Volcker Bans Prop Trading, Permits Utter Confusion

NEW YORK ( TheStreet) -- Federal regulators on Tuesday released proposed rules to implement the "Volcker Rule," but failed to define the short-term "proprietary trading" from which banks would be banned; a main objective of the regulation.

A draft of the proposed rule was leaked last week.

As part of the Dodd-Frank Wall Street Reform and Consumer Protection Act -- signed into law by President Obama last July -- the Volcker Rule prohibits bank holding companies from engaging in most forms of proprietary trading while severely limiting banks' investments in private equity funds and hedge funds. The rule was proposed by the president and supported by former Federal Reserve Chairman Paul Volcker and the "exemptions" to the short-term trading ban will be the scene of a major battle between the large banks, the regulators, and members of Congress.
Paul Volcker

Investment banks Goldman Sachs ( symbol) and Morgan Stanley ( symbol) and the "big four" bank holding companies, including Bank of America ( symbol), JPMorgan Chase ( symbol), Wells Fargo ( symbol) and Citigroup ( symbol) are facing major changes as the work to understand the rules, eliminate most proprietary trading, and put complicated compliance systems in place.

The proposed rules have been jointly proposed by the U.S. Treasury Department, the Federal Reserve, the Office of the Comptroller of the Currency and the Federal Deposit Insurance Corp.

One major change from the leaked draft was that the regulators extended the public comment period to Jan. 13 from Dec. 16. Kevin L. Petrasic -- a partner in the Paul Hastings Global Banking practice in the firm's Washington, D.C. office - said that a "full 90-day comment period is an important indication that the agencies are taking this quite seriously and giving the industry and the public an opportunity to digest the proposal."

While the draft proposal outlines plenty of "exemptions" from the Volcker Rule's ban on short-term proprietary trading by banks, the regulators steered clear from providing a clear definition of what "short term" actually means.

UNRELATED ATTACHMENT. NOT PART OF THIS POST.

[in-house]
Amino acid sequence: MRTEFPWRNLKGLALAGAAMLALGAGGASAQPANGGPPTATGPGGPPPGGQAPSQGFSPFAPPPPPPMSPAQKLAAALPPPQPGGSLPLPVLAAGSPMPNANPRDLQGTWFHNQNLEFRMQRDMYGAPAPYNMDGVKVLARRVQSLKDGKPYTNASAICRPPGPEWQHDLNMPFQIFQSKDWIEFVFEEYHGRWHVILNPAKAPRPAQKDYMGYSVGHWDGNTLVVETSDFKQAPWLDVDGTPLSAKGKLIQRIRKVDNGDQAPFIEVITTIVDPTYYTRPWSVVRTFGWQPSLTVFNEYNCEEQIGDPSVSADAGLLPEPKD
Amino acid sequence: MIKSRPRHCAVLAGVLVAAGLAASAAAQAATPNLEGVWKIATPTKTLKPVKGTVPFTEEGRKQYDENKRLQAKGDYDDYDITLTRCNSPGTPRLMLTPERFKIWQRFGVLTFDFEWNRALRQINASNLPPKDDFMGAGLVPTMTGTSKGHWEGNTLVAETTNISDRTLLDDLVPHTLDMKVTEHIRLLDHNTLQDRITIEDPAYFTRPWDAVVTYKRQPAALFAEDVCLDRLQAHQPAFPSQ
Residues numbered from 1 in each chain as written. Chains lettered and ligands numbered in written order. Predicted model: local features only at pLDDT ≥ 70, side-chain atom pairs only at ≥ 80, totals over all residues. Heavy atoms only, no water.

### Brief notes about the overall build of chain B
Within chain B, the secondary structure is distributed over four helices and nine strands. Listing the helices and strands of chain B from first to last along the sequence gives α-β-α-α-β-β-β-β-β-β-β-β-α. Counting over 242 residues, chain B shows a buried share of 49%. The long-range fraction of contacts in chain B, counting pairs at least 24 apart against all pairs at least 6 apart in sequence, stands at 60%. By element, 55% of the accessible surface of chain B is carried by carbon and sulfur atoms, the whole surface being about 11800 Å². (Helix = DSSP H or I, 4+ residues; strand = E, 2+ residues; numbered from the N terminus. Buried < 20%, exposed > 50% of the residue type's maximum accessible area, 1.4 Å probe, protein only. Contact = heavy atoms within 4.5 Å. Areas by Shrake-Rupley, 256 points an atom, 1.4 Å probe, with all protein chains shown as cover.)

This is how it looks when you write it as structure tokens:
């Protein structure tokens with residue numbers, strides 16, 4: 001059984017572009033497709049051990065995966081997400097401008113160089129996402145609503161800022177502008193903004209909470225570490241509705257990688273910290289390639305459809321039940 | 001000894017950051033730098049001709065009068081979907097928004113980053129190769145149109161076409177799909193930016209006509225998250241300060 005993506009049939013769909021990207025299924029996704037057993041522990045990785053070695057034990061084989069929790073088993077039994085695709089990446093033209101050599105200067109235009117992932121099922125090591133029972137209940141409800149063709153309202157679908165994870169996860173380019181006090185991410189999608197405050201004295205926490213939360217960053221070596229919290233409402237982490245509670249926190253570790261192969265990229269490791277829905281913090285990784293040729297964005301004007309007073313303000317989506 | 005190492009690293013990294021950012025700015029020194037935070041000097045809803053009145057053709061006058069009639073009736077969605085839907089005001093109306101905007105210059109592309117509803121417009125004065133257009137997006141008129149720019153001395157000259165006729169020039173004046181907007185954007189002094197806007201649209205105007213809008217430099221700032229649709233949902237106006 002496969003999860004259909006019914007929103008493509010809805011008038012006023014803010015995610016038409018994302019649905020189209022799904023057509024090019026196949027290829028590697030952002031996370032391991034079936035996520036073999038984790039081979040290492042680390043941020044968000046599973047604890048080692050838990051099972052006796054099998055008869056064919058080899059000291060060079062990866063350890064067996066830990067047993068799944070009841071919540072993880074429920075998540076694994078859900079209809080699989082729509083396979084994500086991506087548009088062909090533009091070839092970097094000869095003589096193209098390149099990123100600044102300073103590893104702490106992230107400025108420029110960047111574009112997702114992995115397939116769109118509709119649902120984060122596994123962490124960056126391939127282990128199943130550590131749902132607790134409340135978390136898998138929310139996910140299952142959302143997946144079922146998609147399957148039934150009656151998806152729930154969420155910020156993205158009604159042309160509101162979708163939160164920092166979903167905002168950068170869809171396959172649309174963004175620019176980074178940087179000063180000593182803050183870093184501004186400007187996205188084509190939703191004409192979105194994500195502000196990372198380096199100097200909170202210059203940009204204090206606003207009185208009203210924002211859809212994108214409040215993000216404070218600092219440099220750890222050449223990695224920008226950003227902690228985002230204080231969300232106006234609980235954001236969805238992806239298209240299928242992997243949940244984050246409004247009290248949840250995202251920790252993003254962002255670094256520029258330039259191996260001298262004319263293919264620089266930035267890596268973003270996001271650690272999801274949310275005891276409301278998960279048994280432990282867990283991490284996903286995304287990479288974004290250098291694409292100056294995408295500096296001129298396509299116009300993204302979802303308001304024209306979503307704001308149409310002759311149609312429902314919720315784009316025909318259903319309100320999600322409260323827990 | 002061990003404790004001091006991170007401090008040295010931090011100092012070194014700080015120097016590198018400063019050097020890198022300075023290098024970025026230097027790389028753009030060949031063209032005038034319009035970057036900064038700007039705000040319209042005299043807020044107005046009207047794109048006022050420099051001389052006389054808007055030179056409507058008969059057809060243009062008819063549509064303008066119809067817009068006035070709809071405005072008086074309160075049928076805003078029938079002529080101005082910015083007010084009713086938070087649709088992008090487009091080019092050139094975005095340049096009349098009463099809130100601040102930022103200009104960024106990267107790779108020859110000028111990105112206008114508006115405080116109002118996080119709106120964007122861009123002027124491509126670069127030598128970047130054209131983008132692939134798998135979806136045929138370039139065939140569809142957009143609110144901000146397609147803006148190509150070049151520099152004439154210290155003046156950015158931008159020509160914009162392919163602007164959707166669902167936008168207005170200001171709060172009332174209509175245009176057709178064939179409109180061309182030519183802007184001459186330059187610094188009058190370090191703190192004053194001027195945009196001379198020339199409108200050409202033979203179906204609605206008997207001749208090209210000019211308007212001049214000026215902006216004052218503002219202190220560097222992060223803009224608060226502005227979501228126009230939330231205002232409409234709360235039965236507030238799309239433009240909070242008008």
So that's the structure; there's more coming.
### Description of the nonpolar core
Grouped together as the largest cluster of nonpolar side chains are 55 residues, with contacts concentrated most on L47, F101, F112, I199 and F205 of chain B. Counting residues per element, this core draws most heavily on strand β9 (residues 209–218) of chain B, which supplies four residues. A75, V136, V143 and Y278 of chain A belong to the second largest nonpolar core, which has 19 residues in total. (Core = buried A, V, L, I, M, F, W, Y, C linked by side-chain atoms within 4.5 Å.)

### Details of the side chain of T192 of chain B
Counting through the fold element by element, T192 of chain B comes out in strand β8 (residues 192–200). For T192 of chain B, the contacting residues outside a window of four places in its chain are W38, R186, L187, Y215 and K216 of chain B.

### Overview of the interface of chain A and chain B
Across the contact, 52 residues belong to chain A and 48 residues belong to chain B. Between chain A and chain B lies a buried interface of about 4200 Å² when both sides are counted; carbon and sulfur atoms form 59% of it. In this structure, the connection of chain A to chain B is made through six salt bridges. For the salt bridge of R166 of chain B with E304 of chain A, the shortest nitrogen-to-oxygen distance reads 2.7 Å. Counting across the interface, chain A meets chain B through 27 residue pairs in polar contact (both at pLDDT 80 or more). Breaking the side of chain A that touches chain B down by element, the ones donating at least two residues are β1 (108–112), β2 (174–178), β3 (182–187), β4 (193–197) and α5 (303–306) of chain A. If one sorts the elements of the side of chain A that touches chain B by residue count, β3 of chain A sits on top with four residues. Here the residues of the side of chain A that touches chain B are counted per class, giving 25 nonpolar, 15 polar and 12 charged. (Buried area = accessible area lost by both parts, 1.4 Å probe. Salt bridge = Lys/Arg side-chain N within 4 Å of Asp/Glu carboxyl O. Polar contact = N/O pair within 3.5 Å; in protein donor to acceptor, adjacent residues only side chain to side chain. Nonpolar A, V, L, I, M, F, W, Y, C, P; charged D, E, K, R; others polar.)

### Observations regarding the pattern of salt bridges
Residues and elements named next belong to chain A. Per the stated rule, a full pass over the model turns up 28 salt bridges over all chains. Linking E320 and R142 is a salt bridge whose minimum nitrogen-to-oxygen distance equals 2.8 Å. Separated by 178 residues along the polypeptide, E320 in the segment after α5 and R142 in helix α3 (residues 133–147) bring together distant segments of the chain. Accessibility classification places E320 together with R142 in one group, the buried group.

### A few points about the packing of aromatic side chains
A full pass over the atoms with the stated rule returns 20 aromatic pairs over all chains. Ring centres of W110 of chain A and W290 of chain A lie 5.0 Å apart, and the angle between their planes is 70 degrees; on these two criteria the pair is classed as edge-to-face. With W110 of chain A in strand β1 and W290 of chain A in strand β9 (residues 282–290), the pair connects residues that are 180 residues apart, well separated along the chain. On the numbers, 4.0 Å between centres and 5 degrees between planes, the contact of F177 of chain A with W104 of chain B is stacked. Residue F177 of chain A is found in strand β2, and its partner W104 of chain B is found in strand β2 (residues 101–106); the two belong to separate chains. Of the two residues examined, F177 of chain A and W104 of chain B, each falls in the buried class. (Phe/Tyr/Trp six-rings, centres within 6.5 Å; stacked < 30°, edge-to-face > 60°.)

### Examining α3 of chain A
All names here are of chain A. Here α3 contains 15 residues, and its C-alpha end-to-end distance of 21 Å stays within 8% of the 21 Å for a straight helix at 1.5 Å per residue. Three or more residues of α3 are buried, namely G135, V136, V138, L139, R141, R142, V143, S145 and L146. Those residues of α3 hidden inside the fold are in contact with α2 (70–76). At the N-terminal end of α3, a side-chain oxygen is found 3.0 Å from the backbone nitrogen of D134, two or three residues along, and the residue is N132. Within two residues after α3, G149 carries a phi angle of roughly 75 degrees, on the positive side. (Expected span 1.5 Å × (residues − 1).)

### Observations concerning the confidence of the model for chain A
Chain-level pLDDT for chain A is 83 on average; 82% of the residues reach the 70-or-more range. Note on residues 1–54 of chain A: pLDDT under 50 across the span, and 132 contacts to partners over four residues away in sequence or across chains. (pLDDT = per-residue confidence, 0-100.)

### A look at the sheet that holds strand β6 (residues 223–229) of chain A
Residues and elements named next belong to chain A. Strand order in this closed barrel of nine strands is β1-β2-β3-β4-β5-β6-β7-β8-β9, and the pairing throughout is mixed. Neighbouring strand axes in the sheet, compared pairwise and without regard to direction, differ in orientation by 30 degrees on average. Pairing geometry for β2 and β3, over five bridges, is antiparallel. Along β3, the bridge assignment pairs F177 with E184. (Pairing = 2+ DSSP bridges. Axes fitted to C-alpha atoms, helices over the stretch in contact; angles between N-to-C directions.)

According to Petrasic, this means that the regulators have been purposely vague, so that "near term and short term can be as long or short as they care to make it, depending on the circumstances."

During the comment period, "there will be a desire for as much of a bright line as possible," he said.

Petrasic went on to say that at this point, "everybody's focused on proprietary trading," since the Volcker Rule's ban on private equity and hedge fund investments, with certain exceptions, is much easier to understand.

"The proposal represents the agencies' understanding that daylight is needed for banks to be able to understand what the requirements are. At this point the regulators recognize that they are driving through fog," he said.

Frank A. Mayer, III -- a partner in the Financial Services Practice Group of Pepper Hamilton LLP - said that the lengthening of the comment period and the "350 questions" asked by regulators in the prosed rules mean that "the regulators are having difficulty defining precisely in their rule making what is impactful to safety and soundness of insured depository institutions" regarding "mitigation hedging activities for customers and the financial institution."

"I predict this will end up being a compliance issue at the institutional level with roughly hewn safe harbors," he said.

-- Written by Philip van Doorn in Jupiter, Fla.

To contact the writer, click here: Philip van Doorn.

To follow the writer on Twitter, go to http://twitter.com/PhilipvanDoorn.
Philip W. van Doorn is a member of TheStreet's banking and finance team, commenting on industry and regulatory trends. He previously served as the senior analyst for TheStreet.com Ratings, responsible for assigning financial strength ratings to banks and savings and loan institutions. Mr. van Doorn previously served as a loan operations officer at Riverside National Bank in Fort Pierce, Fla., and as a credit analyst at the Federal Home Loan Bank of New York, where he monitored banks in New York, New Jersey and Puerto Rico. Mr. van Doorn has additional experience in the mutual fund and computer software industries. He holds a bachelor of science in business administration from Long Island University.

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